Even though basic PET metrics have been proclaimed to be of prognostic or predictive value, there are still contradictions found in the literature where certain SUV metrics do not show any prognostic value, when used with other prognostic factors (47). Paesmans et al. conducted a meta-analysis about the prognostic value of SUVmax in NSCLC and concluded that these contradictory findings could be due to influence of disease stage or tumor histology, or due to differences in assessment methods (16). These dependencies may not hold for all PET features, hence PET features still may play a role in prognostication.
Radiomics textural features for improved prognostication
PET radiomics represents the high-throughput mining of quantitative image features from PET imaging to characterize tumor phenotypes. Radiomics features include first order features, that are based on the gray level intensity and its distribution in the image, but do not consider the three dimensional (3D) distribution of gray levels. Examples are the max, mean, standard deviation, skewness, and kurtosis of SUV within a volume of interest. The prognostic value of these ‘simple’ features may be weaker in large well differentiated tumors that are known to exhibit higher hypoxia, necrosis, or anatomic and physiologic complexity, which translates to higher complexity in the spatial distribution of PET tracer uptake (16).
Radiomics features also include second and higher order features, called textural features, which may cover this higher complexity by describing the relationship between the voxel intensity and their position within an image. This relationship can be calculated with various mathematical methods, such as the gray level co-occurrence matrix (GLCM) for pairwise arrangement of voxels (48), the gray level run-length matrix (GLRLM) for alignment of voxels with the same intensity (49), the gray level size-zone matrix (GLSZM) for characteristics of zones with identical voxel values (50), and the neighborhood grey tone difference matrix (NGTDM) for determining changes in neighboring voxel intensities (51). As an example, GLCM entropy measures the variability in neighborhood intensity values and may be useful to characterize necrotic cores, a factor that has been associated with worse prognosis. Higher entropy represents a more heterogeneous FDG PET activity within the tumor, as is depicted in Figure 1. Another example includes GLSZM features that mostly relate to the size of subregions within a tumor with similar intensities, which hypothetically characterizes cell subpopulations with distinct clonogenic growth. Some of these textural features have shown prognostic value for clinical outcome and tumor response (17,29,52-54). An overview of studies about the prognostic value of textural features in NSCLC together with their findings is given in Table 2.
PET textural features are calculated on a group of voxels within a region-of-interest (ROI). A common ROI that is used for PET radiomics analysis is MTV. The relationship between MTV and radiomics textural features has been investigated and studies demonstrated that specific PET textural features are closely correlated to MTV (17,29,52,55). Therefore, in these cases prognostic textural features would rather act as a surrogate than as an independent variable. On the other hand, several studies demonstrated that this dependency is decreasing with increasing MTV (17,55), suggesting that for larger tumors these specific PET features may become of relevance. This is probably caused by the partial volume effect for small tumors, making it difficult to obtain reliable PET radiomics features for tumors smaller than 10 cc (56). For instance, to determine the GLCM entropy, tumors were required to be at least more than 10 cc to reduce correlations with MTV (17,55). Unfortunately, these findings were based on only four PET textural features and are not representative for all radiomics features, since this volume dependency differs amongst textural features. A high GLCM entropy (see Figure 1 for an example) in combination with a large MTV (>35 cc) led to a worse prognosis in 101 patients with stage I-III NSCLC receiving surgery, chemotherapy, chemoradiotherapy, or a combination (17). Ohri et al. performed PET radiomics analysis in 201 patients with locally advanced NSCLC and concluded that a feature called GLCM Sum Mean had prognostic value for tumors with an MTV larger than 93 cc (54). On the contrary, Pyka et al. concluded that GLCM entropy was predictive for disease-specific survival in 45 early stage NSCLC patients with mainly small tumors (mean MTV 34 cc, ranging from 1.74 to 178 cc) receiving primary stereotactic radiation therapy (53). However, only 12 patients were used to assess this specific endpoint and divided in two unbalanced groups (2 versus 10) for comparison, which is a serious limitation. These results point in the direction that for larger tumors, PET textural features contain complimentary information above a specific tumor volume. The volume threshold differs per textural feature. We suggest assessing volume dependencies in detail for each textural feature in large patient cohorts, when building prognostic models containing PET textural features.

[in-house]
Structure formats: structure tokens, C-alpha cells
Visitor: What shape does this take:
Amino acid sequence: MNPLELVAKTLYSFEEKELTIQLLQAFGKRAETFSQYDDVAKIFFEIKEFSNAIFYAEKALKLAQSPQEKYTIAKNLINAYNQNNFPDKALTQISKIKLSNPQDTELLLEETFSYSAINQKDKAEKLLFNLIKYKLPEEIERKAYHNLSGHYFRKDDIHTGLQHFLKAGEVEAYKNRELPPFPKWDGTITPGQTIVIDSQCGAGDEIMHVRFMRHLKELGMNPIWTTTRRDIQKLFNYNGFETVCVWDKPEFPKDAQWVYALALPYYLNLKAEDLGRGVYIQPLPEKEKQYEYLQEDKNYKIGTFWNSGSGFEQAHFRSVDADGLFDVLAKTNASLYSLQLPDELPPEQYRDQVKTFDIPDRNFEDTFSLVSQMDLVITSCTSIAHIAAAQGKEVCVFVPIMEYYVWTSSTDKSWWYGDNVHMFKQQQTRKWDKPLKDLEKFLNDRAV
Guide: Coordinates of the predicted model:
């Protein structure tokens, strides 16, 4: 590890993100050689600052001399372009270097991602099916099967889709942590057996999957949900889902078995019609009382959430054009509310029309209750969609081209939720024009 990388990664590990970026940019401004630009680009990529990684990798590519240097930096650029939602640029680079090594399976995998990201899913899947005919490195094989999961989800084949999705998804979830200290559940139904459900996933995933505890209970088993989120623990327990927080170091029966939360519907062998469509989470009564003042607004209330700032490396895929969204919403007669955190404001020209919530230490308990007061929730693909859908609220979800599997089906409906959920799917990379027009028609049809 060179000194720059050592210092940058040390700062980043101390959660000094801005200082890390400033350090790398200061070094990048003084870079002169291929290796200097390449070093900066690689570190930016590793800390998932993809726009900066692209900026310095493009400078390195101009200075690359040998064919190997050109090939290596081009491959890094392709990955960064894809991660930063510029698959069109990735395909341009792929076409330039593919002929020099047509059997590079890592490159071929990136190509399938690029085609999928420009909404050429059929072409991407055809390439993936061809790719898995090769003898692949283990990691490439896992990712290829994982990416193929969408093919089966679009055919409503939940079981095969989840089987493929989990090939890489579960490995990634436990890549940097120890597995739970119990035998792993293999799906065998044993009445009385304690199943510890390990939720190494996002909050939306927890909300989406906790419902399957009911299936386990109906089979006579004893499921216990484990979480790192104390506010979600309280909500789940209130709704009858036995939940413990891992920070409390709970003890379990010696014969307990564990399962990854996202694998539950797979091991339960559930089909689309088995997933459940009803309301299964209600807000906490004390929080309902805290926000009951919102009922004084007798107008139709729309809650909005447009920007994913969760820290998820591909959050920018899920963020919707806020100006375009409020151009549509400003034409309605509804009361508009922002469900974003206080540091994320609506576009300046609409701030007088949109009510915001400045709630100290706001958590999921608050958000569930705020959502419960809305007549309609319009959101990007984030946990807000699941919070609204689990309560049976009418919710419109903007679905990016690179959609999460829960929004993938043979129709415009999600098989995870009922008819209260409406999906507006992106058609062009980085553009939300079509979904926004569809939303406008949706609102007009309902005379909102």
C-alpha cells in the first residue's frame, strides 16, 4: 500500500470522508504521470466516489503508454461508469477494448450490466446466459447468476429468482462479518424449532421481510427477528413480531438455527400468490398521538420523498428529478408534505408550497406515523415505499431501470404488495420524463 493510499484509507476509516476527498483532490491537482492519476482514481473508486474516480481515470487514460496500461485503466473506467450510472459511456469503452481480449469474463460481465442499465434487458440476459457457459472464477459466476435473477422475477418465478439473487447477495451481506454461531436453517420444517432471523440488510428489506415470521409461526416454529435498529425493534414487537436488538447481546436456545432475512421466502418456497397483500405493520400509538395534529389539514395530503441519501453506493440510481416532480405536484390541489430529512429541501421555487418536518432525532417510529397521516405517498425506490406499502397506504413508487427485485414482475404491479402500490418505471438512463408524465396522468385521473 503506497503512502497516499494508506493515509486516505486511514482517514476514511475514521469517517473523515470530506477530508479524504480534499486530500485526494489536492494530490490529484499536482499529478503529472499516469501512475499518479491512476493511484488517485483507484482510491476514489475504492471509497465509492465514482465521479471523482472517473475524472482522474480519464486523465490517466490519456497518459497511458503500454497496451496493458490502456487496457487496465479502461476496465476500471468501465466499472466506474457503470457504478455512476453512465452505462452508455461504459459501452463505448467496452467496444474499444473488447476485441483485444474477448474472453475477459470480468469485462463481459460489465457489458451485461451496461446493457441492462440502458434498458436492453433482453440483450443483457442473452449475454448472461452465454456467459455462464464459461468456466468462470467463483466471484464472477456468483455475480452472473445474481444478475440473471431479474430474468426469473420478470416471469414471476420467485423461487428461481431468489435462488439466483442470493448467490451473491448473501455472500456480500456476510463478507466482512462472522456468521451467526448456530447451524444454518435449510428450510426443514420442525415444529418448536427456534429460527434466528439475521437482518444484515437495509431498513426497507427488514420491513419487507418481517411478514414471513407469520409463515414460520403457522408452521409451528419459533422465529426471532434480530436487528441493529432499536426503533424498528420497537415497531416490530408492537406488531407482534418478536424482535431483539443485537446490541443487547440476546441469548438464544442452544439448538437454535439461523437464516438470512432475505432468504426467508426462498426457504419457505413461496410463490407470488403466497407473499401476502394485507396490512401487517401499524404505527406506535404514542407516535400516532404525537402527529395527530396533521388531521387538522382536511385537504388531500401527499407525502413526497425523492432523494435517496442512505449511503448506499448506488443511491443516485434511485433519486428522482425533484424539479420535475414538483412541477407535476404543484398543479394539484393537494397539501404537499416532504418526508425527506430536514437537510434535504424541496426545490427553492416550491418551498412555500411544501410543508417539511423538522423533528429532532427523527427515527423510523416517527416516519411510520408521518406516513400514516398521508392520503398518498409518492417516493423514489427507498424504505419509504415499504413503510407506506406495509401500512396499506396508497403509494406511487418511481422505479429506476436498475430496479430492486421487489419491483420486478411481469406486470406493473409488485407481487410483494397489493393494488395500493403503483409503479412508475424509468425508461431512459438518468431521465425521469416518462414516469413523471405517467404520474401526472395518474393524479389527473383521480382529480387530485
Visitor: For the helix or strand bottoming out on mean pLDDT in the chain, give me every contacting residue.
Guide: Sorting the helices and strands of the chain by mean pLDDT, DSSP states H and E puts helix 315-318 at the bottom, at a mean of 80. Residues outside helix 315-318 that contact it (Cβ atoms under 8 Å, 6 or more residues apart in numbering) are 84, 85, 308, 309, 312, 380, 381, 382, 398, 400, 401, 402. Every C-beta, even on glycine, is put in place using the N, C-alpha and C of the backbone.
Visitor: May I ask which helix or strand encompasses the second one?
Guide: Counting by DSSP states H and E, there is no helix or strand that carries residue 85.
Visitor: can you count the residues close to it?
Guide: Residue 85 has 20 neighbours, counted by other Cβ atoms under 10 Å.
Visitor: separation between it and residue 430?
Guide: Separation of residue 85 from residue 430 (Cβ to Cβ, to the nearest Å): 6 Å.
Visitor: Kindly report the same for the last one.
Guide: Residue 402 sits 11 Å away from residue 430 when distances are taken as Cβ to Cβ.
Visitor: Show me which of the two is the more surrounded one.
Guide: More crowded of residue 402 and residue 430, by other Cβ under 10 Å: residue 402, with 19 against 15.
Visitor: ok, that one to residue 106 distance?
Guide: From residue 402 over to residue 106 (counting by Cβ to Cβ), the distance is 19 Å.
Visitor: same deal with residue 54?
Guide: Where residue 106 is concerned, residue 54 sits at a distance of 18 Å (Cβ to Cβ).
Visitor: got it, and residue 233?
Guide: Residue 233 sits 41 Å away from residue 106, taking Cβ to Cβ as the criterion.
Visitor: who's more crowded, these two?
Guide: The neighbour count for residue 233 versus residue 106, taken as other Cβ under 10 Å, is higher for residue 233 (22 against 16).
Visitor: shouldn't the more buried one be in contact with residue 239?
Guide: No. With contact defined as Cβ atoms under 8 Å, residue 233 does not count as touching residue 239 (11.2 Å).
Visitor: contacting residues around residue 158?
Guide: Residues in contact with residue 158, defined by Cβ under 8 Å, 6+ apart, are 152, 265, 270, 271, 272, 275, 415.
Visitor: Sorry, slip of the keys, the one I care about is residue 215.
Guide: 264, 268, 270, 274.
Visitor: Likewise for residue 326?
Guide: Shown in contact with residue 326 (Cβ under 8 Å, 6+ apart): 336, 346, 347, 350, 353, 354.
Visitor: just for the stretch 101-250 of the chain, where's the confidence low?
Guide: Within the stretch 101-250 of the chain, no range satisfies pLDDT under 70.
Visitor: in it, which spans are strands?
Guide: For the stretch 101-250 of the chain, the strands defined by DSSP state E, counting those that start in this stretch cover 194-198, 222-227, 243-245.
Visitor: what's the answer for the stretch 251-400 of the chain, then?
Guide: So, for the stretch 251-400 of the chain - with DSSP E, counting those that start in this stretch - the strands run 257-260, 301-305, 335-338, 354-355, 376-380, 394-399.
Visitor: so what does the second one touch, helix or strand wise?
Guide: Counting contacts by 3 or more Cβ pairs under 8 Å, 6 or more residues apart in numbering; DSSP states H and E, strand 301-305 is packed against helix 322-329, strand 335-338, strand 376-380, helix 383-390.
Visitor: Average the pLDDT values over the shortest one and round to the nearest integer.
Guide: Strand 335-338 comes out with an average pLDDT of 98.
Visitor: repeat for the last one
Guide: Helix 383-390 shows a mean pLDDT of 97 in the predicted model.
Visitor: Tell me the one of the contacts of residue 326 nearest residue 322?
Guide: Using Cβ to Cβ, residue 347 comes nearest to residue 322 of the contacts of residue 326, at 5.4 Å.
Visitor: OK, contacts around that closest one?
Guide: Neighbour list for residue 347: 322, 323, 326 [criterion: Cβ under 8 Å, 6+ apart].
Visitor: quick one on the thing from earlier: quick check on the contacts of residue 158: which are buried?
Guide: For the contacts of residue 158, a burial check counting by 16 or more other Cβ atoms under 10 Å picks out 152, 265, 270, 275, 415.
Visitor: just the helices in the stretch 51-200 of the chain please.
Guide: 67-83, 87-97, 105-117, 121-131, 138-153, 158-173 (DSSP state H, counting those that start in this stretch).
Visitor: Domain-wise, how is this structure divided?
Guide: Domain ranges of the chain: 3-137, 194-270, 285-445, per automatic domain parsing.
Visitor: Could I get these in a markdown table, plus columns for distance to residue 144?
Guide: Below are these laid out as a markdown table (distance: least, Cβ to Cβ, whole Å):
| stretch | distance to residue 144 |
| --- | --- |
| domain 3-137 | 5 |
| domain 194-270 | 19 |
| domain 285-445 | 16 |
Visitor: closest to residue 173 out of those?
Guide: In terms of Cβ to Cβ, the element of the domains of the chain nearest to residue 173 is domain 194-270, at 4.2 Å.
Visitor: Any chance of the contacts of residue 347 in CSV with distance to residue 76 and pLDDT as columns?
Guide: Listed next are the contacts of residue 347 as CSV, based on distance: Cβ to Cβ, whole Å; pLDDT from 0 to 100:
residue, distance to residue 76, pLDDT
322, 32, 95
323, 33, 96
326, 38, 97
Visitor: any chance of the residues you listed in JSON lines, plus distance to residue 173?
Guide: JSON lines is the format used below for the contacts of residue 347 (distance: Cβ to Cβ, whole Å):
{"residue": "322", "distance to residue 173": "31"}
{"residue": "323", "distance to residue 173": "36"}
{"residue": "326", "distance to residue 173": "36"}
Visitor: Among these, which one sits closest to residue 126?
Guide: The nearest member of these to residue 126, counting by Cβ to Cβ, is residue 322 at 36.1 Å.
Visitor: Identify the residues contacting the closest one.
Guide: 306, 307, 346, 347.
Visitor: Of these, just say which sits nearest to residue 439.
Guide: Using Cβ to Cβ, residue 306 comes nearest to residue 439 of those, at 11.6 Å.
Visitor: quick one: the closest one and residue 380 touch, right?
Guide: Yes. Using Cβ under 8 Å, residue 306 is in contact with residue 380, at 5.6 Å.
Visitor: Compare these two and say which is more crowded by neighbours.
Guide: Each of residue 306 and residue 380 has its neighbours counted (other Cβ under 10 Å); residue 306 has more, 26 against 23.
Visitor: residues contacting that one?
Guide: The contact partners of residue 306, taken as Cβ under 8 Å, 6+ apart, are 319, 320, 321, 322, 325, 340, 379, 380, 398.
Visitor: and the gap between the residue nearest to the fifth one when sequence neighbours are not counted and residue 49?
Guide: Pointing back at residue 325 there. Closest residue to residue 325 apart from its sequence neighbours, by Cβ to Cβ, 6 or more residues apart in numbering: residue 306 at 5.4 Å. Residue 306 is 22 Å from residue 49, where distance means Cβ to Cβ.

The literature also reports on correlations between first order SUV metrics and higher order features (texture) (29,52). Additionally, PET textural features also depend on image segmentation and image reconstruction settings (57), SUV binning (58,59), and feature calculation method (17). And although it is clear how these choices influence relationships between PET textural features or their reproducibility, it is not always clear how these factors affect the prognostic value. In the search for independent prognostic PET textural features, some investigators find optimal cutoff values that result in prognostic variables, but do not validate their results (52). Fave et al. (60) argued that testing multiple cutoffs to find the best one without an independent validation dataset for testing, could yield overly optimistic results. In combination with the inclusion of multiple variables that have not been corrected for multiple hypothesis testing, the models will probably not perform well in other patient cohorts. From the studies shown in Table 1, the issue of multiple-hypothesis testing was solely addressed by Ohri et al. (54), but none of them had validated their results externally. Internal or external validation is lacking in most studies, but is required to strengthen results regarding model performance. In absence of an external validation cohort, it is advised to split the initial cohort into a training and a test set. We would like to emphasize that prognostic models should always be corrected for multiple hypothesis testing and should be validated, preferably with an external patient cohort.